I have performed a logistic regression with whether or not an athlete was re-contracted by their sports team as the DV. One of the significant predictors of the final model was draft order (OR 0.888).

                                  Estimate Std. Error z value Pr(>|z|)    
(Intercept)                     -120.69457   46.78377  -2.580 0.009885 ** 
Debut.first.year                   0.67977    0.21772   3.122 0.001795 ** 
Grouped.by.fives                  -0.11849    0.02361  -5.019 5.21e-07 ***
Draft.year                         0.06109    0.02334   2.617 0.008863 ** 
Maturity                          -0.65844    0.40981  -1.607 0.108118    
Games.second.season.DC             1.87716    0.34011   5.519 3.40e-08 ***
Interstate.vic.team                0.47625    0.19390   2.456 0.014044 *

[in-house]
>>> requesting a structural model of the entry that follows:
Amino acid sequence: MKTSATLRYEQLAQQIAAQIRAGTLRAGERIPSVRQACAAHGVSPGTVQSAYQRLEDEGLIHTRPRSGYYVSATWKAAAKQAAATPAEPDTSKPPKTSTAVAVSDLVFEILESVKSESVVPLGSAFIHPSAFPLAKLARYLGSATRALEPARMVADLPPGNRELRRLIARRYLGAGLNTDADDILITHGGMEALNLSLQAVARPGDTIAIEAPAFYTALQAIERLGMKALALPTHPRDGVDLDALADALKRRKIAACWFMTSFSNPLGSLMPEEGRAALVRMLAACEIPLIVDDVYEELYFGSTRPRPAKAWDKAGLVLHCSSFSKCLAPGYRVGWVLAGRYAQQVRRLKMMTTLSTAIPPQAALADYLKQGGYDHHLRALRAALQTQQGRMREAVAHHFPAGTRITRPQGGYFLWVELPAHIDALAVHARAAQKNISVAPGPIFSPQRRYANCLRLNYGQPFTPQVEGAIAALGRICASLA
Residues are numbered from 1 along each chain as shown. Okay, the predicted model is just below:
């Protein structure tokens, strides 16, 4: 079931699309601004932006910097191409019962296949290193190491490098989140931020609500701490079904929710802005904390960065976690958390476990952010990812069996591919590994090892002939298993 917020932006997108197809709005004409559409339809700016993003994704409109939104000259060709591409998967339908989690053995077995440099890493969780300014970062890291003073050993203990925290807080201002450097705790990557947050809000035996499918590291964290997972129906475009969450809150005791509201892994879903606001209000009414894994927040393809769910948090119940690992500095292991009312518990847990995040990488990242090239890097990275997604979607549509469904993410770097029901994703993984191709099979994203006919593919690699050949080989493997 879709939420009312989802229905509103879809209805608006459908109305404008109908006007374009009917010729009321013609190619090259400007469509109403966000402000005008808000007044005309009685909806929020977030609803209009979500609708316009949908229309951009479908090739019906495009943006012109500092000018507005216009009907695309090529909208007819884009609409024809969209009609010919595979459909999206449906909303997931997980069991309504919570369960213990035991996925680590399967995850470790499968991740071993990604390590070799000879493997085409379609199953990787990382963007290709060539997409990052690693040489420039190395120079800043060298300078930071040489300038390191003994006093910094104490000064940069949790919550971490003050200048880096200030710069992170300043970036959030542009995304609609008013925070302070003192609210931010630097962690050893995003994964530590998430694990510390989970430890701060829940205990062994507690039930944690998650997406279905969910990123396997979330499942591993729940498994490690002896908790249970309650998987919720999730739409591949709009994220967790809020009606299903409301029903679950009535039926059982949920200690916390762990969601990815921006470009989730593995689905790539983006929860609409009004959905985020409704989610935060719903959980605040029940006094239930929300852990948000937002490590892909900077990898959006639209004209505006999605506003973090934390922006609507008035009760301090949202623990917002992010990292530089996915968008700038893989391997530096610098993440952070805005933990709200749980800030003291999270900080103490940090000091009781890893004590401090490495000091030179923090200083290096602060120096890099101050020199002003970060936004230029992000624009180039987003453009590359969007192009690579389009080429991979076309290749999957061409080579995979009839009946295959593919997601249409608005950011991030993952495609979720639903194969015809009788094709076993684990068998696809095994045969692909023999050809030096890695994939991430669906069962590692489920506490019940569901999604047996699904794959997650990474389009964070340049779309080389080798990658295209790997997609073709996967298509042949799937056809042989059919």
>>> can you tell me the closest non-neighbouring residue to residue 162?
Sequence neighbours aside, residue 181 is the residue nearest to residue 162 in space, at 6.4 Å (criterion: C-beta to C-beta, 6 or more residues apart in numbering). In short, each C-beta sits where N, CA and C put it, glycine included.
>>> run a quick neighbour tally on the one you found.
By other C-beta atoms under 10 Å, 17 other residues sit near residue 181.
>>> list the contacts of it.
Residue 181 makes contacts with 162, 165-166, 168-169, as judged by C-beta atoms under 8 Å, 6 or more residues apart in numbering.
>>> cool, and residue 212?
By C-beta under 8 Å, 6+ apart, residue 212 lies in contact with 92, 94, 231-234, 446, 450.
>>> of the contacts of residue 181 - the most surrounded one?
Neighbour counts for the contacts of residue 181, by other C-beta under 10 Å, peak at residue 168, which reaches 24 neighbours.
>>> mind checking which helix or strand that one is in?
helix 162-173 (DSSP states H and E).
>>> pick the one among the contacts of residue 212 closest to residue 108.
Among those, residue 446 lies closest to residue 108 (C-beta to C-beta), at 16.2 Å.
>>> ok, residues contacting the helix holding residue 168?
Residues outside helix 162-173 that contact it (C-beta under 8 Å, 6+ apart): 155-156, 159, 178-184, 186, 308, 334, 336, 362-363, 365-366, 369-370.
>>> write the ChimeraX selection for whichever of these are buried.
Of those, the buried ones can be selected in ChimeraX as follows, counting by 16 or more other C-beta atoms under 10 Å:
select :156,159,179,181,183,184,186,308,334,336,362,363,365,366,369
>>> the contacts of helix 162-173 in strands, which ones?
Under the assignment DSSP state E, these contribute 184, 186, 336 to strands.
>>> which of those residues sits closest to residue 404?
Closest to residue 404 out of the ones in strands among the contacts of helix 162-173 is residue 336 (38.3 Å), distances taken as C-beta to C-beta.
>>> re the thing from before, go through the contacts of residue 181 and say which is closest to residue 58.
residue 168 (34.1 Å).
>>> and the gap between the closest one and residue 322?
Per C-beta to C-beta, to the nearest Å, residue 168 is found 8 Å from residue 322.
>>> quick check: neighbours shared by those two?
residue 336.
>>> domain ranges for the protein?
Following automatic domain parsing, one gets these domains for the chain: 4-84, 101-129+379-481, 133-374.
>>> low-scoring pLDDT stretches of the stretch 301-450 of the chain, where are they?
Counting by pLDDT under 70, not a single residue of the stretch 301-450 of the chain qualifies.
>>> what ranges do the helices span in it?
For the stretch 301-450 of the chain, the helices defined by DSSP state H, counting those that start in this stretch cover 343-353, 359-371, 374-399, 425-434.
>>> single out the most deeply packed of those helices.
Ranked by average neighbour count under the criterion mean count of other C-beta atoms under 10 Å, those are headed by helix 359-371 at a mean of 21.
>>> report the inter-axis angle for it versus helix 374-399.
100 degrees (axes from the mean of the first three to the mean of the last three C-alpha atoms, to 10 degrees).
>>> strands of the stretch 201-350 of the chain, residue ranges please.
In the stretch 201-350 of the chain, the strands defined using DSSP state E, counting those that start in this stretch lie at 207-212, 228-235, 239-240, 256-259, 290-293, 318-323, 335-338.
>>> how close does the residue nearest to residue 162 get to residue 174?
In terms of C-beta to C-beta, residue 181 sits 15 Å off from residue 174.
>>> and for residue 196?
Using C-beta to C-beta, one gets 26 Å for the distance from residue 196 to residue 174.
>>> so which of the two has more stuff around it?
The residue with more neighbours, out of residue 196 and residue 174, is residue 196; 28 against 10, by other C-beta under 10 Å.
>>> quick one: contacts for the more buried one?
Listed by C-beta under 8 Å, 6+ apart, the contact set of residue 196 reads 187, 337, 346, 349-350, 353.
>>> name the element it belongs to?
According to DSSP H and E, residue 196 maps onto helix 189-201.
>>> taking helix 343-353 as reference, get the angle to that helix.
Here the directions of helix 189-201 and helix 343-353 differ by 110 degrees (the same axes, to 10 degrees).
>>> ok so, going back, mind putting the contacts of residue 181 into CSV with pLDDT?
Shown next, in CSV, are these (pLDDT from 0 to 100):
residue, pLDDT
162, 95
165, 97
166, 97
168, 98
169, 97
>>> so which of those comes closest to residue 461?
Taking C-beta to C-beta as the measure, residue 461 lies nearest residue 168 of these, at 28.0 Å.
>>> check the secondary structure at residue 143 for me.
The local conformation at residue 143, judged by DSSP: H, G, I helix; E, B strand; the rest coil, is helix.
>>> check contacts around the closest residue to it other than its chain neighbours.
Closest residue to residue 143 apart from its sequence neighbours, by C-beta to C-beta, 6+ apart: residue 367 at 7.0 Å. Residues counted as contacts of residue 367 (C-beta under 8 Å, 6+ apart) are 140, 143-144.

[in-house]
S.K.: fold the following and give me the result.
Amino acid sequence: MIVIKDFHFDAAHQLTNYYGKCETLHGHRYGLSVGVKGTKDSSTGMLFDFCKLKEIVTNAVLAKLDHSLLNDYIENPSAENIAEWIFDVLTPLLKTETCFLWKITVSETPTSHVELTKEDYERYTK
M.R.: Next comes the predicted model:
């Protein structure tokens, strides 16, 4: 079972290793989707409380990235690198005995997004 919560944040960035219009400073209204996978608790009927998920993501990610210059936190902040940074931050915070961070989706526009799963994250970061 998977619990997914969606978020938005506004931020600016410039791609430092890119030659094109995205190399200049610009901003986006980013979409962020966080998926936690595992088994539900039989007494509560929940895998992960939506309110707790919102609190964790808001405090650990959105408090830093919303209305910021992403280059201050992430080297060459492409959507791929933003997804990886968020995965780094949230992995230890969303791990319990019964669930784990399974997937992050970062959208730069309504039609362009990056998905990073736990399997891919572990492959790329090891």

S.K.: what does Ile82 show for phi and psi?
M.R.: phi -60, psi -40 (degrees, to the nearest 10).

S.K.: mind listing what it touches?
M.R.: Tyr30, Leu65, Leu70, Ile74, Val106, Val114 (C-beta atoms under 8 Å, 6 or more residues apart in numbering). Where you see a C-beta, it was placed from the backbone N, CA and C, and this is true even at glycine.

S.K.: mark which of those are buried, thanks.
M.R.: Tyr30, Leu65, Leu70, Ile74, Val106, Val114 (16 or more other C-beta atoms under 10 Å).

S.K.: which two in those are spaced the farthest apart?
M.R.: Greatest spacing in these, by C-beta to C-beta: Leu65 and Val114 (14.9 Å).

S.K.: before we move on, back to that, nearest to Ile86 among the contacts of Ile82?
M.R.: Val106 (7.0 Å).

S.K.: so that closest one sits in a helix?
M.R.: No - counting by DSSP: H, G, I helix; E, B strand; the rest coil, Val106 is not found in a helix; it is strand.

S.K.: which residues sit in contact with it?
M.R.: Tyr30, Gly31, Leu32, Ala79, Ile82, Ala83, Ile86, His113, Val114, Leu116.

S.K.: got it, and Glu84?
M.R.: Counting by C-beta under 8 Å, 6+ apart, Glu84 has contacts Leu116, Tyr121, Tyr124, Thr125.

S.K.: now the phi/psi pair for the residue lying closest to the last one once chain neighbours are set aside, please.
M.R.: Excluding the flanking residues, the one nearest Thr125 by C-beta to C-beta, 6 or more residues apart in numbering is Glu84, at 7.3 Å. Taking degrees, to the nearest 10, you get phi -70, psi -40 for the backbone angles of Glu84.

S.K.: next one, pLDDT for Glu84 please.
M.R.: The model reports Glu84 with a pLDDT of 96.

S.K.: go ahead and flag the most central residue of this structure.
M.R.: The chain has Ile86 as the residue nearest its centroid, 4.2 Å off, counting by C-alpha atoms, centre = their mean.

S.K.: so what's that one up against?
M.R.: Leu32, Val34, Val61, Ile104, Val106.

Rising.star                        1.50635    0.44429   3.390 0.000698 ***
Team.EOS.ladder.second.year.raw   -0.04403    0.02062  -2.135 0.032728 * 

I understand that this indicates that being selected later in the draft results in a reduced odds of being re-contracted. There are 8 predictors overall therefore my question is, does this indicate that being selected later in the draft results in a reduced odds of being re-contracted when all other predictors are held constant? Does this then mean that draft order is associated with being re-contracted irrespective of rising star nomination, maturity, draft year etc?

The text books I have read and online forums are quite vague and I am struggling to understand the relationship between the regression coefficients.

Thank you!


No, what you are doing is forced entry regression, to be able to interpret it as you did, you will need a hierarchical regression. So you should first fit a model without draft order and then fit a model with draft order and compare if the fit is significantly better in the second case. If it is, you can then look at how much additional variability is being explained by including draft order.

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  • $\begingroup$ What does the OR for draft order tell me then? $\endgroup$ – Courtney Feb 29 '16 at 22:09

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